“Remember that veteran workers respect actions, not words and they realize the smallest deed trumps the largest intention. They have many experiences and strengths as an employee but often it is a younger superintendent/manager that is tasked with bringing that talent to the surface.”

5. Data mine

Use personal reviews and formal/informal evaluations as opportunities to tap into some great ideas. Vintage workers are often retired or long tenured from any number of successful previous professions. Take the time to see if you have some hidden talents in the crew and mine that field for ideas and insights. Document these skills in annual performance reviews or a note in the employee’s personnel file. Your recognition of previous experiences as still valuable and relevant will prove to be a solid investment to create standout performers and innovations within the team.

“No matter how stressful or seemingly impossible the situation never let the staff see you lose control and say or do something unprofessional. Take a deep breath, send someone home, do whatever it takes to control the situation and your emotions.”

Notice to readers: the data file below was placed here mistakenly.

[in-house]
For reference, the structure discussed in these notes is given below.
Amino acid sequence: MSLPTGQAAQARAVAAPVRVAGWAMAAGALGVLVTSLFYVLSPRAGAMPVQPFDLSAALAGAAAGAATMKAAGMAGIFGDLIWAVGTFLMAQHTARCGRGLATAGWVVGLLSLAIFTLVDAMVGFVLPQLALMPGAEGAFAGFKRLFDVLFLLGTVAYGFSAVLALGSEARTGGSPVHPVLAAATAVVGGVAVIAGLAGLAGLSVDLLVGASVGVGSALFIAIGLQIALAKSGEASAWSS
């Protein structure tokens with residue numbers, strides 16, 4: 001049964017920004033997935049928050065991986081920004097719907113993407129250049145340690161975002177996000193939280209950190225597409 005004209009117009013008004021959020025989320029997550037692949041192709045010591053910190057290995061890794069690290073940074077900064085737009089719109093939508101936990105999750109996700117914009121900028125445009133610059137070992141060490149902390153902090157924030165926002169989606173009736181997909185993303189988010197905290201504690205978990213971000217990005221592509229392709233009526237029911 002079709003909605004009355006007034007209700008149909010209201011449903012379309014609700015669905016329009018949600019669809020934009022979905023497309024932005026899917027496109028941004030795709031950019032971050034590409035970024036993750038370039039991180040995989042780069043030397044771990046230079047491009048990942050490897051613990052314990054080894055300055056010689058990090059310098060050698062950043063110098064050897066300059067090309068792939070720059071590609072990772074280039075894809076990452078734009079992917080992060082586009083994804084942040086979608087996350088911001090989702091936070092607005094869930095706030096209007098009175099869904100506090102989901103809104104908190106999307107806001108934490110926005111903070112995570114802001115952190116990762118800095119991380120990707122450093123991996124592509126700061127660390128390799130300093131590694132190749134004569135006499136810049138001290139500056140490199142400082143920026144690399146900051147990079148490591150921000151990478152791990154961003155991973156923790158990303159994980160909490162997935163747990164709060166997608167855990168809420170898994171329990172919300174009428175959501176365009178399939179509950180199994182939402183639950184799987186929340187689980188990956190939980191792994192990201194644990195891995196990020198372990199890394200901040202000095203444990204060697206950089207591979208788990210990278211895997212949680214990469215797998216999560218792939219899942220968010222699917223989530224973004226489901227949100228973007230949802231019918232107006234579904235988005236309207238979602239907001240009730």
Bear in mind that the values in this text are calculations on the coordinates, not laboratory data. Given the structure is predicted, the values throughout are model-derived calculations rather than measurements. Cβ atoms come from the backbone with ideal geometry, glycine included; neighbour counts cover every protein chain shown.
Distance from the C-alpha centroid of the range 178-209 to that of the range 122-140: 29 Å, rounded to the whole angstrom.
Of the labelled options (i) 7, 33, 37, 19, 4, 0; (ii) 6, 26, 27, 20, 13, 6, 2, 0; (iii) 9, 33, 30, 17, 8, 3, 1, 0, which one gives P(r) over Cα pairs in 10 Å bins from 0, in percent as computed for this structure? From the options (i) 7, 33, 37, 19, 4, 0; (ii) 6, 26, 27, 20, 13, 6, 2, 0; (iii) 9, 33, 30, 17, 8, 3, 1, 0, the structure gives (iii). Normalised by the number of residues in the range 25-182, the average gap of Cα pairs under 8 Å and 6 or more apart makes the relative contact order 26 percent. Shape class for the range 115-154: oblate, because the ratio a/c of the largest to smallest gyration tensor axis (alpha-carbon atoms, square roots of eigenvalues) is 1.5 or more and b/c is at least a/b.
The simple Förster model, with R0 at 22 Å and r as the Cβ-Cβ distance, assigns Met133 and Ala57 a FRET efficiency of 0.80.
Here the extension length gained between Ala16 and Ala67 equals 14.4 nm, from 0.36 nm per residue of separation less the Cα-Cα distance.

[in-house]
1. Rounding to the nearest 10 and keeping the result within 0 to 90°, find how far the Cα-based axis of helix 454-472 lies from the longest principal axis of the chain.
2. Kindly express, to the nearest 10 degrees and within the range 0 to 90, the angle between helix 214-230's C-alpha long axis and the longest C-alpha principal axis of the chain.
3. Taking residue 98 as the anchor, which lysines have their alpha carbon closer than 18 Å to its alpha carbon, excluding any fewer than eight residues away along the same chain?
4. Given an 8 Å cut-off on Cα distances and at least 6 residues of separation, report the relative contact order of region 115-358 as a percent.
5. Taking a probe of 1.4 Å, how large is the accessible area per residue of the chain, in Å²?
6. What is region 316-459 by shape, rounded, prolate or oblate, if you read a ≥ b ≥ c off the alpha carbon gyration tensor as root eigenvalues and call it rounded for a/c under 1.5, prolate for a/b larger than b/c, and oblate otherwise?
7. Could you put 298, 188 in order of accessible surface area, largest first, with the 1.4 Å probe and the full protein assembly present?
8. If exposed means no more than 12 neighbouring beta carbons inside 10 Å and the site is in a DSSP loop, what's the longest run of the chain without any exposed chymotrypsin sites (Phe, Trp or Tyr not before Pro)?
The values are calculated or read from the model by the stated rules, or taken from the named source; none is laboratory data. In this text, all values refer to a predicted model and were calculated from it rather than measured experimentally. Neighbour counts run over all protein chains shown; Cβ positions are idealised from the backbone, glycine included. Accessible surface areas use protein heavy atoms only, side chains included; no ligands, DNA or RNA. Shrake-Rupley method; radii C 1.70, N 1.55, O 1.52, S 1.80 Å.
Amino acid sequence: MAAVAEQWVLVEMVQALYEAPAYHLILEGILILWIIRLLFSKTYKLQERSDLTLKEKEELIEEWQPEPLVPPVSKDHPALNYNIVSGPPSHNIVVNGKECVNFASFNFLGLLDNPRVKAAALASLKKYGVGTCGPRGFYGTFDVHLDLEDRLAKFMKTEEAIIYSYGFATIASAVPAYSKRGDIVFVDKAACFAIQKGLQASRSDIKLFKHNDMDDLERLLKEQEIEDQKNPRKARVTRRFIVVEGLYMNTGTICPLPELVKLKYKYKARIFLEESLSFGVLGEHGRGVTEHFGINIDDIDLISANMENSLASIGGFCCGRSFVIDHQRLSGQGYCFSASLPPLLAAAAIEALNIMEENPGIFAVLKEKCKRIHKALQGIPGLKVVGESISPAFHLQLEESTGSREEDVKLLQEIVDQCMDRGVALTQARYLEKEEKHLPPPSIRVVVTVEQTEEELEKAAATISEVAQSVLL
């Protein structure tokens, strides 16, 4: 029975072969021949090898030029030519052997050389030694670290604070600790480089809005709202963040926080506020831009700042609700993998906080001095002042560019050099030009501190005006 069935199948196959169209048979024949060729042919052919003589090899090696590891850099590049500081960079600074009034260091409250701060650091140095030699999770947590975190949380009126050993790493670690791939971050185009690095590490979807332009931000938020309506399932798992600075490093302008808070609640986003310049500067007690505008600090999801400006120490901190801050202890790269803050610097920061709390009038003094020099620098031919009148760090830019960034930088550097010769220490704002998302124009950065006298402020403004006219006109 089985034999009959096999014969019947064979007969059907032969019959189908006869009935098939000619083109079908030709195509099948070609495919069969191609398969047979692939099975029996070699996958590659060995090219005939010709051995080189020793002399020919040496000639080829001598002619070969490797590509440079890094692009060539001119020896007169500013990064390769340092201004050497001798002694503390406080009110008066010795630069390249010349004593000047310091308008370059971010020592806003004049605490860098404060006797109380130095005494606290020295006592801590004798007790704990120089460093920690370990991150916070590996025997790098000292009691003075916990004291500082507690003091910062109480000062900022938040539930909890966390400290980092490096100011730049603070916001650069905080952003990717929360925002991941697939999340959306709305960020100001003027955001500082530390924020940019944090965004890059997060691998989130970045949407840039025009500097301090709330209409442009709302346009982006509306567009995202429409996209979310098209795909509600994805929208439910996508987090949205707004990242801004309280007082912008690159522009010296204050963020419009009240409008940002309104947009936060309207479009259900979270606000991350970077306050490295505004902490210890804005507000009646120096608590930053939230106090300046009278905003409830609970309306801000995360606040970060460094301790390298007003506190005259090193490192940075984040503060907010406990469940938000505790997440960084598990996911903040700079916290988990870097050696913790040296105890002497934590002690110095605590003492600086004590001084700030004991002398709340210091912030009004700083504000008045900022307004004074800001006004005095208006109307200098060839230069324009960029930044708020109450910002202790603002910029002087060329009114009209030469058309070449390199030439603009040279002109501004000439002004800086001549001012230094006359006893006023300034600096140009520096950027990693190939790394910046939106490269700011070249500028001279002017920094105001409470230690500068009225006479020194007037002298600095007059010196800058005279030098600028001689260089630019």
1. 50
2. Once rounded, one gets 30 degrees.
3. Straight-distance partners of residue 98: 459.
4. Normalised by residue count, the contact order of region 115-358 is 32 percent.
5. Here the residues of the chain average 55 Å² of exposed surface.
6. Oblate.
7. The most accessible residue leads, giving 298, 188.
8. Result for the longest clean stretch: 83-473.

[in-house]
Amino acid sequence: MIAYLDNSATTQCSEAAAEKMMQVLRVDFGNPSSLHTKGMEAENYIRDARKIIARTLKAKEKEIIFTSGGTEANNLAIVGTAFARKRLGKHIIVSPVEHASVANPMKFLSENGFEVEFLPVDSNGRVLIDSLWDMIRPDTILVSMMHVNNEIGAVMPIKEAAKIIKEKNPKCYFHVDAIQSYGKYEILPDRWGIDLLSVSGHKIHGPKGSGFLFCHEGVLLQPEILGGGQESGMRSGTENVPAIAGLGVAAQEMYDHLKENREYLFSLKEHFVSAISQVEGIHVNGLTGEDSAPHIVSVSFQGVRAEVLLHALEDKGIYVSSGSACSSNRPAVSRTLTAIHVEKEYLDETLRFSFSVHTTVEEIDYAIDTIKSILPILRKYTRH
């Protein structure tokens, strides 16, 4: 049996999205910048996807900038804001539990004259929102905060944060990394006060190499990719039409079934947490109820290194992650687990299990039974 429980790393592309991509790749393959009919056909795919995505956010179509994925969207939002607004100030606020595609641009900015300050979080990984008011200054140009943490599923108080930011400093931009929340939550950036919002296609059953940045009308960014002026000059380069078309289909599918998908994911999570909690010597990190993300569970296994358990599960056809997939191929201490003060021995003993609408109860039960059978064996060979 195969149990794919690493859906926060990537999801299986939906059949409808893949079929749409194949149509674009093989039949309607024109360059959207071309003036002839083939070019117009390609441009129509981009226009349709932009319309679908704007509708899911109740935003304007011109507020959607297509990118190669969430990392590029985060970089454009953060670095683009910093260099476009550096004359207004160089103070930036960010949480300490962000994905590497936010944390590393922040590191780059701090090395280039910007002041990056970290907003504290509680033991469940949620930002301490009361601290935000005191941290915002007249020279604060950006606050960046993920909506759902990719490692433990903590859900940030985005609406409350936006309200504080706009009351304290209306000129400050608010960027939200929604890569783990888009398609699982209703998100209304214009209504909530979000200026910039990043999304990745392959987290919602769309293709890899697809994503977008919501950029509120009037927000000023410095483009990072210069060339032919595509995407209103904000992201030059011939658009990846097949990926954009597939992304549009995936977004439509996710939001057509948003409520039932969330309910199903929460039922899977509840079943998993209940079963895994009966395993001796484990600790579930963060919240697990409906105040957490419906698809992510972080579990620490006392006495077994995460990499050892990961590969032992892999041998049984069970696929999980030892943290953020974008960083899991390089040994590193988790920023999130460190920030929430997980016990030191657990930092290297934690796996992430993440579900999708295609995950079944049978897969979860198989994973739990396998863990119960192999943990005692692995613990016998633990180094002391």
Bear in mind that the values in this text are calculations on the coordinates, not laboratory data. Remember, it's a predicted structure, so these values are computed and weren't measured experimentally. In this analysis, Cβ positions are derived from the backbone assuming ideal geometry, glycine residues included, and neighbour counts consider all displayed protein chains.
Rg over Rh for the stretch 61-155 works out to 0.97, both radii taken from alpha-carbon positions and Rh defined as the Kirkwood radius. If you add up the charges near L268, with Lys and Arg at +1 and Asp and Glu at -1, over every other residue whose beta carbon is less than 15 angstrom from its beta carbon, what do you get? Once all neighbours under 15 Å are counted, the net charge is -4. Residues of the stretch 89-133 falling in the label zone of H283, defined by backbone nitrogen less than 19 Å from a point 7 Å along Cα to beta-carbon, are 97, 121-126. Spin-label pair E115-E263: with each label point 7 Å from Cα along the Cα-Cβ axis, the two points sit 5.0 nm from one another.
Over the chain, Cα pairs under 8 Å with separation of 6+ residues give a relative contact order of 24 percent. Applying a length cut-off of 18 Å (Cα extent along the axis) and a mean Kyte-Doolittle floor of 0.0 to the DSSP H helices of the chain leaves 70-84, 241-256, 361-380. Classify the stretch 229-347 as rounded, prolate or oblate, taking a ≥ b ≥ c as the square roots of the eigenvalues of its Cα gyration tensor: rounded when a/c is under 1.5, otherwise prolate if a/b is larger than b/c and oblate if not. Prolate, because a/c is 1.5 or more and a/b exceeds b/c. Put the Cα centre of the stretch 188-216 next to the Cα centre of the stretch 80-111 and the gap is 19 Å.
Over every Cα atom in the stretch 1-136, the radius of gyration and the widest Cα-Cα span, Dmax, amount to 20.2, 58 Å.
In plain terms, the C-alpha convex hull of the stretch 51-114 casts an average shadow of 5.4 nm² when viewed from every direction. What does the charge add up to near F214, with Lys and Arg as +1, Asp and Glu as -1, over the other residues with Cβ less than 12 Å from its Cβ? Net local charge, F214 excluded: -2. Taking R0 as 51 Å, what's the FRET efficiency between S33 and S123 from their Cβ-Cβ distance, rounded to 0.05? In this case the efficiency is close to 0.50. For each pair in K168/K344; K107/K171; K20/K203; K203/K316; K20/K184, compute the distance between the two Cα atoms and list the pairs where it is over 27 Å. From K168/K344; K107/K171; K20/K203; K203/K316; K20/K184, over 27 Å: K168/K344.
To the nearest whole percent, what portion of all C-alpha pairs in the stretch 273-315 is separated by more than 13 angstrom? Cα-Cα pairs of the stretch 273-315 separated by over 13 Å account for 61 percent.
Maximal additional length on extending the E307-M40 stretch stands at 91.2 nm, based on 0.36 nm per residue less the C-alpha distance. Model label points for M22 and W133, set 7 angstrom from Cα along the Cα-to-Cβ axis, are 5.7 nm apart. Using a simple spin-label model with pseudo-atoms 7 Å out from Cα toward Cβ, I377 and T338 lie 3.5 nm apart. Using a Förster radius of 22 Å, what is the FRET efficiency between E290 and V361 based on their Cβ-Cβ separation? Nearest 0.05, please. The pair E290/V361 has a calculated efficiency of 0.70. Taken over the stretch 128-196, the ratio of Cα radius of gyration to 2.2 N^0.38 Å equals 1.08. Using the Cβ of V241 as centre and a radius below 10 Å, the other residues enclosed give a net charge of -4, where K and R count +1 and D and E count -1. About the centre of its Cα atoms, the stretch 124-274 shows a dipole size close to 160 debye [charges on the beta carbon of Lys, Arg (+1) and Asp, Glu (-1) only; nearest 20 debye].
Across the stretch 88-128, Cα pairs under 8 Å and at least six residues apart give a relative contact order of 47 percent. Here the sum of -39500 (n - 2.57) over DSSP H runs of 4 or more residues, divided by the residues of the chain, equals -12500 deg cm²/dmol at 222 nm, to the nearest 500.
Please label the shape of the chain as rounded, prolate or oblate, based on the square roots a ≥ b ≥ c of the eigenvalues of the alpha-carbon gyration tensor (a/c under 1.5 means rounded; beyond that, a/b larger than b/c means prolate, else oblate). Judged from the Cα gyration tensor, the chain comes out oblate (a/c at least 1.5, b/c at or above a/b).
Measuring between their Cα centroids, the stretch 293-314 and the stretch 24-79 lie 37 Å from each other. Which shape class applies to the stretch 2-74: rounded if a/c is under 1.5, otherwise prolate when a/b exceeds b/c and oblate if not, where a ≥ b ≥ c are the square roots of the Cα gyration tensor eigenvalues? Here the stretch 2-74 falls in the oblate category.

6. Control your emotions and expect everyone to do the same

No matter how stressful or seemingly impossible the situation never let the staff see you lose control and say or do something unprofessional. Take a deep breath, send someone home, do whatever it takes to control the situation and your emotions. The crew will never forget your calmness under fire but, conversely, they will also never forget you losing your composure. Vintage workers want clear boundaries and examples of what is acceptable in the workplace. Give them a visible and audible example every day and you will create a positive work environment that everyone is proud to be a part of.

7. Know everyone’s limitations and err on the side of caution